I don't mean to sound as if I'm talking out of both sides of my mouth, but I enjoyed the game as well and agree it serves a purpose. For instance, playing it a few times drives home that being a doctor isn't any better than being a plumber when it comes to being wealthy. I also like one of the key points to winning - if you make more in "passive" income than you spend - you're a winner. This one lesson alone is worth the price of the game. That reminds me - I have a used RDPD game that I'm willing to part with at the sacrifice price of $100.
 

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PizzaOnTheRoof

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His seminars aren’t actually taught by him.

He hired an outside “sales” company and pays salespeople commission to give the live seminars.

They even encourage you to call your creditor and raise your limit so you can afford the training.

There was a video on YT of some news channel exposing him but I forgot the name.
 
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Ernman

Ernman

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His seminars aren’t actually taught by him.
Exactly - I was so P1**#% when I attended his seminar and figured this out. And yes, they pushed increasing our credit limit and buying some informative CD's and …. Fortunately, the light bulb went off in my head before I got myself in too deep.
 

Ing

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also I read RDPD years ago and I enjoyed it.
It nice stories and some interesting kind of views!
It was one of a couple of books I read that time and as they all tell similar things, Inwas through quite fast.
Im recogniced the game and thought my part.
That this game is a phantastic way solving a need and getting rich I realised just after readingFastline Millionaire.
well, you can condemn K for the book, the content or the game, but he has my respect for his entrepreneurial performance.
 

JAJT

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"advertorial" (what the hell?)
It sounds like you've never heard of this before, so I'll chime in - advertorials are real things and have been around for a LOOOONG time. We're talking well before the internet.

They are nothing more or less than an advertisement disguised as an editorial. You can find them all the time in traditional print media - magazines, newspapers, etc...

Last I checked they typically work really, really well. Most people don't notice that they are ads and they are typically written to sound like a neutral third party is recommending the thing being advertised. It doesn't help that in many cases the ad can be really really well hidden - like a full page article on a topic with otherwise great information but with only one company/product mentioned/quoted in the entire article. Doesn't look/sound like an ad but you can be sure that anyone interested in the topic is going to take note of the amazing sounding company that the article talked about.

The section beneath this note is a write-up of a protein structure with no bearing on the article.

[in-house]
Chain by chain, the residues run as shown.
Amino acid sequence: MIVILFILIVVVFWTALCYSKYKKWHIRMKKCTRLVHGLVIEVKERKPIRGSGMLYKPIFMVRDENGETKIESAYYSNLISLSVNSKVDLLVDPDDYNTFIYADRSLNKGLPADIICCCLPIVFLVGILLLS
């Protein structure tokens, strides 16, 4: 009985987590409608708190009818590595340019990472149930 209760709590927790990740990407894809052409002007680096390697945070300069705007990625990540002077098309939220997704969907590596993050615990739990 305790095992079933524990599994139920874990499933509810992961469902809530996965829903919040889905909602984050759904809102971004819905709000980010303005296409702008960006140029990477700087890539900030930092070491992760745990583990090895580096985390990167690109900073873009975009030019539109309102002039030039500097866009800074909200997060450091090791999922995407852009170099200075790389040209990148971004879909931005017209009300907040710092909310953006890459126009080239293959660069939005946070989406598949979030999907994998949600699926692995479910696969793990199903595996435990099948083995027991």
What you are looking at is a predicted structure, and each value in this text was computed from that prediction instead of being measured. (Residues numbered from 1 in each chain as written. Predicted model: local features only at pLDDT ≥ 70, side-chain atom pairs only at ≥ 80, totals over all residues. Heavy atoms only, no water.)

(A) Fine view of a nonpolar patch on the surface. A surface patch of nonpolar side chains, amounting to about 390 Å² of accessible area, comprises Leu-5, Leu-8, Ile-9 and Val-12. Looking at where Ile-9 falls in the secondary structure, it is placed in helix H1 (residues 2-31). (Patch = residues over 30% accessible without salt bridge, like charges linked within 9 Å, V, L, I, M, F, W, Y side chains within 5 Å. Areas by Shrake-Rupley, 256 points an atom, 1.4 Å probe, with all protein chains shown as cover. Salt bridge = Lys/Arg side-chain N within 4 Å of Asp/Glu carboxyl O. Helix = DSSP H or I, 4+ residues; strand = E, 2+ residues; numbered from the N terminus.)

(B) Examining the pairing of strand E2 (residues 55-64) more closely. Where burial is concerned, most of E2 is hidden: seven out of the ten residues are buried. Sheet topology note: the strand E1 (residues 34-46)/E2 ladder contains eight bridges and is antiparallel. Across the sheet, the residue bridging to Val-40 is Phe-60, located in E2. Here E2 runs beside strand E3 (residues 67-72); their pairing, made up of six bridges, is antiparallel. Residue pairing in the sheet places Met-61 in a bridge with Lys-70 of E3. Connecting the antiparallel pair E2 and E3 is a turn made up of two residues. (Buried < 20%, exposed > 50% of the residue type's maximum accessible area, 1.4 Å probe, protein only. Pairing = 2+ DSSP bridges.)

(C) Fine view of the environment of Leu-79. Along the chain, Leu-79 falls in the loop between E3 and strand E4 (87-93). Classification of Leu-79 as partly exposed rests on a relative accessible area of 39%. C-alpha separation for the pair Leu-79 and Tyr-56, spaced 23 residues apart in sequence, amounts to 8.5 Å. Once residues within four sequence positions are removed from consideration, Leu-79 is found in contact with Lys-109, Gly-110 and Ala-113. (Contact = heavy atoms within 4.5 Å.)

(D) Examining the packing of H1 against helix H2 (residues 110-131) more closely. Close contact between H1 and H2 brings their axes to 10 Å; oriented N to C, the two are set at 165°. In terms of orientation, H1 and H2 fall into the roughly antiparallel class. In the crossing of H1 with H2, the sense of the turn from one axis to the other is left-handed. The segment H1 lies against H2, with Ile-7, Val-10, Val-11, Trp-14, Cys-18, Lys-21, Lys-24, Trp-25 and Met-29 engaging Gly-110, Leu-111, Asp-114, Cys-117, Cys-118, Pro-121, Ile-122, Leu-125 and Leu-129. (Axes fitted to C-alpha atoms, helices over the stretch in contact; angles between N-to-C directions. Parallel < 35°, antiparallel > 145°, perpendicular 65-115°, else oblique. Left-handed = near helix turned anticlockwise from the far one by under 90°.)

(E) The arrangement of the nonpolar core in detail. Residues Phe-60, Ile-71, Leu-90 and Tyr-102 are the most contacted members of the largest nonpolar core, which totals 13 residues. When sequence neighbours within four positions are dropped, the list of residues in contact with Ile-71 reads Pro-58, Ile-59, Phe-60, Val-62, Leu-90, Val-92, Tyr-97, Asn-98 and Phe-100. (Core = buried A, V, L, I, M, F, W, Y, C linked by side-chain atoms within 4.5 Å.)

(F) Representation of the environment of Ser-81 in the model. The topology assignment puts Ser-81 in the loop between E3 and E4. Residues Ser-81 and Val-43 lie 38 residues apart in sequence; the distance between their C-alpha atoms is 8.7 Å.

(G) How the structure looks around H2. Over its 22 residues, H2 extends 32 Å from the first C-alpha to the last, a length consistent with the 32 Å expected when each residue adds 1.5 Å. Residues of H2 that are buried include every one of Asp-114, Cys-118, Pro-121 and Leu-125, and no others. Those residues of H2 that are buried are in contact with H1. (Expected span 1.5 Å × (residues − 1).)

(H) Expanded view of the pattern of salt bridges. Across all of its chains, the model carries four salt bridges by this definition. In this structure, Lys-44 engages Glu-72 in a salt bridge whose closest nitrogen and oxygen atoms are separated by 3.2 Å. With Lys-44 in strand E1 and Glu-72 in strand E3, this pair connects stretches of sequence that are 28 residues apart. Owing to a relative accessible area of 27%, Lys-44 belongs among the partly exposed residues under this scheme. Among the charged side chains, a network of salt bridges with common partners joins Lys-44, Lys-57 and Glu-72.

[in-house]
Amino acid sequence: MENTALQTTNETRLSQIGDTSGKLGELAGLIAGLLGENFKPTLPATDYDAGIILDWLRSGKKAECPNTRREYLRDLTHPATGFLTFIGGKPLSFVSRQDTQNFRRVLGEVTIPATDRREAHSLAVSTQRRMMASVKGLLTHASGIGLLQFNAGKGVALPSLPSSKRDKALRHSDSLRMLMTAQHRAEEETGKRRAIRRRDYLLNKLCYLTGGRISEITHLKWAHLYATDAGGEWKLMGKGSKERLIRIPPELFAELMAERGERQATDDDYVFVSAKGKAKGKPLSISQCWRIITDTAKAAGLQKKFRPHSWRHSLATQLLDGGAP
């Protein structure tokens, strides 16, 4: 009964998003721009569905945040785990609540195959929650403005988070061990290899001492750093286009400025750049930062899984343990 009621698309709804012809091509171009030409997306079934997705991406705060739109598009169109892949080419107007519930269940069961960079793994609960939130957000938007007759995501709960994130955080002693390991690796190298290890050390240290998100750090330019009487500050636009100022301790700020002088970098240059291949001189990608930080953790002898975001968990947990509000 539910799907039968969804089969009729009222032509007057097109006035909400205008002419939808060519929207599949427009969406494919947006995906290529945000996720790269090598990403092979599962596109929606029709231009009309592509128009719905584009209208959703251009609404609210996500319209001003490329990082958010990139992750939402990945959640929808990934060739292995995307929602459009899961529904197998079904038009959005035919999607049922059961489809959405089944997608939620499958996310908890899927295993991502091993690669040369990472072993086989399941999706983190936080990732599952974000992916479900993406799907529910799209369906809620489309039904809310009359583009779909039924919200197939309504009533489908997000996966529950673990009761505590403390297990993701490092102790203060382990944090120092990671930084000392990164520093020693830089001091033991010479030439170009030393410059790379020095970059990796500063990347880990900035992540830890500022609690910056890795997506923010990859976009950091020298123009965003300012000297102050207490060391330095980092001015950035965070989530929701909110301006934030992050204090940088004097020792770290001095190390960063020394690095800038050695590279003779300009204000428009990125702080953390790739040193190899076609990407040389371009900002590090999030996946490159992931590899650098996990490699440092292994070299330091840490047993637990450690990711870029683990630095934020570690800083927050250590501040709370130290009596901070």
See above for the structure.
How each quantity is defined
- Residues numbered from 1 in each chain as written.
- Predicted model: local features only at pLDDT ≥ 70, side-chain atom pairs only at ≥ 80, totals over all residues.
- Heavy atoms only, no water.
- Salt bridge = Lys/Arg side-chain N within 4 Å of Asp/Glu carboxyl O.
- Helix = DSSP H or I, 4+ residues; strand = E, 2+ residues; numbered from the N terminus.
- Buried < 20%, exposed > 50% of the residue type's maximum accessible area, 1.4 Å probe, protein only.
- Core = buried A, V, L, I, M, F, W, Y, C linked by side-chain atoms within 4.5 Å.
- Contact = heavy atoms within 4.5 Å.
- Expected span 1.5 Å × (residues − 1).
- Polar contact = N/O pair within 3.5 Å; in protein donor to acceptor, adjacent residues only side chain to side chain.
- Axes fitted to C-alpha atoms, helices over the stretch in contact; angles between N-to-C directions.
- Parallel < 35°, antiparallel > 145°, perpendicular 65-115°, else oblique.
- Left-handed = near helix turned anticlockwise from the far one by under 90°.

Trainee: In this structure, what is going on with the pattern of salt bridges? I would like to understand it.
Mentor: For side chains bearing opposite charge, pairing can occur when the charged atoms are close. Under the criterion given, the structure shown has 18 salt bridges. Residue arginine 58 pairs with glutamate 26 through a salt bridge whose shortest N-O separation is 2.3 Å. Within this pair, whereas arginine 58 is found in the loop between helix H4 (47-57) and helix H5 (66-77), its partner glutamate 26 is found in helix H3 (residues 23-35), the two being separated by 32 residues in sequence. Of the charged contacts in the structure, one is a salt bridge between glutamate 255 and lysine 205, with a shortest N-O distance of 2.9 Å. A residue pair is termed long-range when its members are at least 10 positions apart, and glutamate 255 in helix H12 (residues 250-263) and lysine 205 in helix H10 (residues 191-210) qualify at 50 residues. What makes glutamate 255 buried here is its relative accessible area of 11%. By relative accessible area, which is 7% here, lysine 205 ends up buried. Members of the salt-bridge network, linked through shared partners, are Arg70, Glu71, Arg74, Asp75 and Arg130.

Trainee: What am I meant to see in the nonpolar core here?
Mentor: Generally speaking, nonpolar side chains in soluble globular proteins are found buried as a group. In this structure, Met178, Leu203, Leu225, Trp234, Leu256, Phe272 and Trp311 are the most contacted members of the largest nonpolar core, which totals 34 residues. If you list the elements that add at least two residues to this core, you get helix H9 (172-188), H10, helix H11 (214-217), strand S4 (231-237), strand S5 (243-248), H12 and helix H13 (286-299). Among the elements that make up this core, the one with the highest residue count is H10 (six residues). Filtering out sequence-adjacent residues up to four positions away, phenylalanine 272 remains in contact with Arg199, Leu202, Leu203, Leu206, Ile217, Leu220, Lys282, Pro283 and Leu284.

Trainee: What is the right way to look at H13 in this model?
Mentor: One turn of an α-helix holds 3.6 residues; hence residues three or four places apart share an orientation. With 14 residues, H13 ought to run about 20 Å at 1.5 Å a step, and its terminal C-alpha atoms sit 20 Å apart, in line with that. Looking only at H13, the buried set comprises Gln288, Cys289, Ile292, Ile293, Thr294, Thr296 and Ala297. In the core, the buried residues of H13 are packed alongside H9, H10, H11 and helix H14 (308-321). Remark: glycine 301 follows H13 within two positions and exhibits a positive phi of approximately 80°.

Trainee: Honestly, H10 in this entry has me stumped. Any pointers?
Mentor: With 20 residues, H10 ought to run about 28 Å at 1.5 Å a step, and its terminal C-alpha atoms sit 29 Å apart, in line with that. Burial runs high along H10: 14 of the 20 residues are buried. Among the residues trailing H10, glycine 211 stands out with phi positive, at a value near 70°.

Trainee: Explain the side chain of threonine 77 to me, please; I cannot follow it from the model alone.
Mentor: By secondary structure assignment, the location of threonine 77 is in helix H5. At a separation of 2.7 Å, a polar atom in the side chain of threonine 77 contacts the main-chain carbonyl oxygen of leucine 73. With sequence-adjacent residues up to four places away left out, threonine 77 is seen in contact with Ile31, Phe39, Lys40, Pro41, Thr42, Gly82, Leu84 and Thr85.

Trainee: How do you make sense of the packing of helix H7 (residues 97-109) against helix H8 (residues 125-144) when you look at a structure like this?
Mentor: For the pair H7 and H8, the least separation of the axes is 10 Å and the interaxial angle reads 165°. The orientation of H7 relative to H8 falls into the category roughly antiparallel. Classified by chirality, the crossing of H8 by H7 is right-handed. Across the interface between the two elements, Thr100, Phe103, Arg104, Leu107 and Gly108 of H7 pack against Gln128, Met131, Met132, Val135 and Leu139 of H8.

I believe by law (at least in Canada, don't know about the USA) any advertorials are required to plainly state that they are advertorials because of how deceptive they are often written.
 

Matthew Hinton

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You're going to love this...At the height of my Kool-Aid drinking, I would have friends over to play the game! It was like poker night.

If I would have had some spare change at the time I would have bought myself one. Maybe even all my friends and relatives lol. Thank god I didn’t do that. I didn’t know he was so full of shit until I was planning on going to one of his events. A quick google search and my dreams were were shattered.
 
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Ernman

Ernman

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It sounds like you've never heard of this before, so I'll chime in - advertorials are real things and have been around for a LOOOONG time. We're talking well before the internet.
Thanks - yes, I know about advertorials. My comment was intended to convey how shady and deceptive I find this practice. Anyone that resorts to this type of advertising SUCKS and will not get my biz.
 

Kung Fu Steve

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If I would have had some spare change at the time I would have bought myself one. Maybe even all my friends and relatives lol. Thank god I didn’t do that. I didn’t know he was so full of shit until I was planning on going to one of his events. A quick google search and my dreams were were shattered.
And here exactly is the problem with anyone saying "it has no value" -- you easily convince the newbies -- that have no clue -- that the guy is the devil.

The guy himself is a dick. I've met him in person 3 times. Each time, not exactly the nicest person. However, his wife was an angel.

The books themselves were incredible. You could argue they were written by Sharon instead of Robert (which is more than fair) -- but realistically the lessons came from DC Cordova (who nobody knows) who learned directly from R. Buckminster Fuller... a certified genius.